8 Secret Santa Gifts You Will Want To Avoid

by . November 26th, 2014

Having a Secret Santa at the office can be a fun way to build camaraderie and boost morale.

Worst Secret Santa
But it can be a pretty stressful experience. I once had a coworker who was in tears, agonizing over what to get our boss (don’t worry, she’s fine now).

Unless you’re some sort of sociopath, feeling some anxiety over gift-giving is pretty normal. After all, your choice of gift and the manner with which you give it says a lot about you.

Why shouldn’t you be anxious?

Thankfully, gift-giving is normally only a big problem if you lack empathy, or really don’t know the other person very well.

And if you do end up giving a dud, you probably shouldn’t worry. Luckily, only a real jerk would seriously complain about a gift given with good intentions.

But there are a few “gifts” that are totally off-limits.

This season we’ll tell you which ones you should never give – unless you’re sure the recipient will get a kick out of it. Then again, you probably still shouldn’t.

8.) Something you got from the supply closet.

X-Wing Fighter from Office Supplies
Nothing says you don’t care than giving something you know the giftee could have gotten for free. Show some effort at least.

7.) Anything sexually suggestive.

Condoms, “toys”, thongs, ball-gags… these things would all probably be appreciated by certain people, but in an office setting, they’re totally inappropriate. Even if the recipients did appreciate them, or found them funny, they can communicate unprofessionalism to everyone else.

6.) Underwear

While a fresh pack of good underwear is always nice, getting undies as a gift might be a bit too familiar for some people. As with the previous entry, underwear might demonstrate unprofessionalism-or at least cluelessness. Try socks instead. I for one, could always use a nice pair of socks. Feel free to send some over.

5.) Anything that refers to personal body issues.

If your officemate thinks they need diet pills or a girdle, they can get those themselves. Calling attention to their insecurities, especially if you don’t know them particularly well, is no way to earn friends. You might not expect your future interactions to go over so well.

4.) Deodorant or mouthwash.

These are classic examples of “bad gifts” that are all about making a point, instead of actually being about the spirit of giving. These gifts might be taken the wrong way. Hurt feelings and awkwardness always make it less pleasant to come in the office the next day.

3.) Toiletries.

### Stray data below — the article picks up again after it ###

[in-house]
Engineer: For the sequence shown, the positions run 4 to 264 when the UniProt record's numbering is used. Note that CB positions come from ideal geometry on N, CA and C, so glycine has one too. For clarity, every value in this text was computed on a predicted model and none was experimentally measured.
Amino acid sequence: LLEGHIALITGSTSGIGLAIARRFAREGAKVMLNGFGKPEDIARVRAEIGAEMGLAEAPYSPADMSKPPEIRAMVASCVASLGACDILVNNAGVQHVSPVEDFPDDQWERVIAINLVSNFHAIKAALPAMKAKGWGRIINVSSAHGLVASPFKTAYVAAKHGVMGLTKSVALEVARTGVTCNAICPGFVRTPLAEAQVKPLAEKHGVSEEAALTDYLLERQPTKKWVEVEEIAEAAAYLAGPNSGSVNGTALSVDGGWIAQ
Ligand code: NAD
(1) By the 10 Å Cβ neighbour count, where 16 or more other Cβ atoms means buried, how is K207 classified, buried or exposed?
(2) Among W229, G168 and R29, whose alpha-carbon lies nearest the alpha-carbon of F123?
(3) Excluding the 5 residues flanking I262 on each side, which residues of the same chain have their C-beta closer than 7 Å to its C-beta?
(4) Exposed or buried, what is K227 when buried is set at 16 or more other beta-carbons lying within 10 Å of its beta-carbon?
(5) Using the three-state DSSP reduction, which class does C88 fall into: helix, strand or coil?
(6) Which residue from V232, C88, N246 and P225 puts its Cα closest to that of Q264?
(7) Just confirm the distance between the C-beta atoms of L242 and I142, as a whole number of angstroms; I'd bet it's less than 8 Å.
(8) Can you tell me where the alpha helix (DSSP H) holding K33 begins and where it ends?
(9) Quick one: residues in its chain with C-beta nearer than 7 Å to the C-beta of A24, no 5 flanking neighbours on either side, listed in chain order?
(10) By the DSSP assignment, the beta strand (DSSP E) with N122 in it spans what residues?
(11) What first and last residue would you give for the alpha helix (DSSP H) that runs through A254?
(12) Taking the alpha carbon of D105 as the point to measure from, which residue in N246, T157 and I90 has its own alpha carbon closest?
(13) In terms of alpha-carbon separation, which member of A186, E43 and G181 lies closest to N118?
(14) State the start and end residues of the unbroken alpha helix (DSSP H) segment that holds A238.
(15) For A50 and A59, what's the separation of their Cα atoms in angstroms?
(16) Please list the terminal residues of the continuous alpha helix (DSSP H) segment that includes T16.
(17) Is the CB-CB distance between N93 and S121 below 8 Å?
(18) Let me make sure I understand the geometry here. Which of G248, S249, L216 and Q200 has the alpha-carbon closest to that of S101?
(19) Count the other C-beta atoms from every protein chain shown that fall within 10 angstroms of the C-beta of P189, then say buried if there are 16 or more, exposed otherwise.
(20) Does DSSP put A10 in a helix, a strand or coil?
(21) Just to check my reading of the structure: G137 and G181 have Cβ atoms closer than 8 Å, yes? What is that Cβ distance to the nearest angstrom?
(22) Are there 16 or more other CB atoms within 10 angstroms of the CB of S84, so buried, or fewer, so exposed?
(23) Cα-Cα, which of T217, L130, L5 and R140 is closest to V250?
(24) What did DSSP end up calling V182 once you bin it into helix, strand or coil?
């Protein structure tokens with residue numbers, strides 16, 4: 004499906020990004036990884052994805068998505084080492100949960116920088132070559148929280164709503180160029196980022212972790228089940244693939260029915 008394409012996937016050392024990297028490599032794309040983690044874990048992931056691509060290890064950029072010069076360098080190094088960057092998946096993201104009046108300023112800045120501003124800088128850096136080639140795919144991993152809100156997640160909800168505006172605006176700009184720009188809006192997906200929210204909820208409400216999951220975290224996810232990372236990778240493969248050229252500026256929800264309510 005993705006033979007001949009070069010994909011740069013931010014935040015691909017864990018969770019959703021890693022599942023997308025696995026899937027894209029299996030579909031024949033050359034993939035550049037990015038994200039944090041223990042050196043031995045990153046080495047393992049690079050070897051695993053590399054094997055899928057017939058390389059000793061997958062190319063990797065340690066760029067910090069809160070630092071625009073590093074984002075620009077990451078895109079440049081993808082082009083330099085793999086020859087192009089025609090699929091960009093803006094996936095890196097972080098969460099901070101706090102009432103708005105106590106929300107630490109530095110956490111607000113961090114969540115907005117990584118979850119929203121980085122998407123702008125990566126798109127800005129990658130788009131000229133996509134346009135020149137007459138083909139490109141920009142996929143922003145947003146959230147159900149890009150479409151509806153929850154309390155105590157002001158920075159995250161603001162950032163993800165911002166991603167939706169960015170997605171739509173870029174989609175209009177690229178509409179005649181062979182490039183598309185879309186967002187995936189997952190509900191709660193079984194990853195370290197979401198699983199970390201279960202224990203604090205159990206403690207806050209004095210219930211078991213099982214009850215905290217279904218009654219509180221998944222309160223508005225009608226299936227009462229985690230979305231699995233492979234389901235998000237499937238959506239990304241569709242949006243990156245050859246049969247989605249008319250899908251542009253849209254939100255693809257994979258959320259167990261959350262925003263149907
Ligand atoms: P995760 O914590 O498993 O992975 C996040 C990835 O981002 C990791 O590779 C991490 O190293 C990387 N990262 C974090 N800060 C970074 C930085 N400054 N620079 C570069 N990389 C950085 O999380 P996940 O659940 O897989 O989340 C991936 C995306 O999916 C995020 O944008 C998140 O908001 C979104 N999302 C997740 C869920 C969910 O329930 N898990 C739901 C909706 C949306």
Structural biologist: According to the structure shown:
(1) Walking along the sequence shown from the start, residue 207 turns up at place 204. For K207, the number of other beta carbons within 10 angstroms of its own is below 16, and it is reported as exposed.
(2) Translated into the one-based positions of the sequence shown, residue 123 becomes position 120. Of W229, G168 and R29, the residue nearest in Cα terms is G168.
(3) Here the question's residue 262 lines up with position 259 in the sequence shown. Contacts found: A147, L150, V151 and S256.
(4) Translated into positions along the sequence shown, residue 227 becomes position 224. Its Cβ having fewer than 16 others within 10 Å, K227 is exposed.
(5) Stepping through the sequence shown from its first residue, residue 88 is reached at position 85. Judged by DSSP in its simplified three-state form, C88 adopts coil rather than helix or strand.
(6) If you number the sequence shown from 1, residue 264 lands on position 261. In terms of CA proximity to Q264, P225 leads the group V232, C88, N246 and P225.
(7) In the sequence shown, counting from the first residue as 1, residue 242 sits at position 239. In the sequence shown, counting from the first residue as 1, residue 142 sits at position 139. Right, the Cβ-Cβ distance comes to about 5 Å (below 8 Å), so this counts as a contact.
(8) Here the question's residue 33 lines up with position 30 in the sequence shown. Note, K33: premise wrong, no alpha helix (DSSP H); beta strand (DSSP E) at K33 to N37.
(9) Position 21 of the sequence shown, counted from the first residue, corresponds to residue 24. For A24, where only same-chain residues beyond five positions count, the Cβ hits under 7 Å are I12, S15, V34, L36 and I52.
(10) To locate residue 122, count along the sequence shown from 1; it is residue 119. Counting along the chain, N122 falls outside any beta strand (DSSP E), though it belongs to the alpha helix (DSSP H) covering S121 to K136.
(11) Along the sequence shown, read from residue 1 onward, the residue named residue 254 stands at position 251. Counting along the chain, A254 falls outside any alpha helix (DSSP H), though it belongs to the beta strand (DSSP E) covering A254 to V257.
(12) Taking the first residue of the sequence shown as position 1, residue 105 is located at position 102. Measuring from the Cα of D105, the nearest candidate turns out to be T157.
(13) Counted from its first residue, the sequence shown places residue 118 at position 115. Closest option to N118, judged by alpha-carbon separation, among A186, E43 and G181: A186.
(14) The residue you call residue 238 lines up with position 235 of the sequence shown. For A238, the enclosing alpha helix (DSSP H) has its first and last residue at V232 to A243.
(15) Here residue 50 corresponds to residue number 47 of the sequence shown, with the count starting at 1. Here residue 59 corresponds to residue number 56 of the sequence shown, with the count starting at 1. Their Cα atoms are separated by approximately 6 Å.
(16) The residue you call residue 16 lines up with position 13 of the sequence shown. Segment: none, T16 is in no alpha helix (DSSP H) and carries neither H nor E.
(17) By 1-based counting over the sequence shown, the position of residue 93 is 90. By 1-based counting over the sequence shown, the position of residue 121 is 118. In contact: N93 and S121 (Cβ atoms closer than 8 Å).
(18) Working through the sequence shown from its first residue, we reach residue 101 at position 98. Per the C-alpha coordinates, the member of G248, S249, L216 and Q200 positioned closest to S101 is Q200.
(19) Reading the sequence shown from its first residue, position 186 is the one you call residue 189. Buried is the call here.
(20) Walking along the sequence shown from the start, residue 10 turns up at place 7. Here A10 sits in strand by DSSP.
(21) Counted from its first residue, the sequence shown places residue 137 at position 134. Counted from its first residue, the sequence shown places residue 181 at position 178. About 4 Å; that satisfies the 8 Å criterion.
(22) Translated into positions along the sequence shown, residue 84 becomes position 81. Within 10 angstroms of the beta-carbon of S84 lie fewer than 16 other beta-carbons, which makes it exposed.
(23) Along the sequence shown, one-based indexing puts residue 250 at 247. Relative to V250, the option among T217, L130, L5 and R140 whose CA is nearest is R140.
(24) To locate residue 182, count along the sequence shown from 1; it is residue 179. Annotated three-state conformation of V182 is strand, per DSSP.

These are just a step above stuff you can get from the supply closet. While not totally off bounds, you can always do better. PLEASE do better.

2.) Ill-considered “re-gifts”.

Re-gifting is fine, so long as you follow a few certain guidelines. It’s completely inappropriate to give a non-smoker a gift card for a pack of cigarettes, or an overweight coworker that petite blouse you got from your sister-in-law.

If you do plan to re-gift, be considerate- and NEVER mention it’s a re-gift. Saying it out loud (unless asked) is just tacky.

1.) Raw Meat and/or Seafood


I actually know someone who gave her coworker about a pound of ground beef- as a joke. Unfortunately, their office didn’t have a refrigerator and the beef just sort of sat there, on the threshold of decomposition. Gifts that are inconvenient to take home or keep in the office should generally be avoided. There are less messy gag gifts out there.


The key is to basically exercise proper judgment. Hard, I know. If you feel like being a jerk, try not to be one just this once.

There are dozens of other inappropriate situation-specific gifts, and we’d like to hear your experiences and ideas! Happy Holidays!


Image credits: Phoenix Dark-Knight via photopin cc cgc76 via photopin ccwithvengeance86 via photopin ccStéfan via photopin ccGenista via photopin ccclotho98 via photopin cc, MARK RALSTON/AFP/Getty Imagesvia


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Arthur Piccio manages YouTheEntrepreneur and has managed content for major players in the online printing industry. He was previously BizSugar's contributor of the week. His work has appeared multiple times on The New York Times' You're the Boss Small Business Blog. He enjoys guitar maintenance and reading up on history and psychology in his spare time.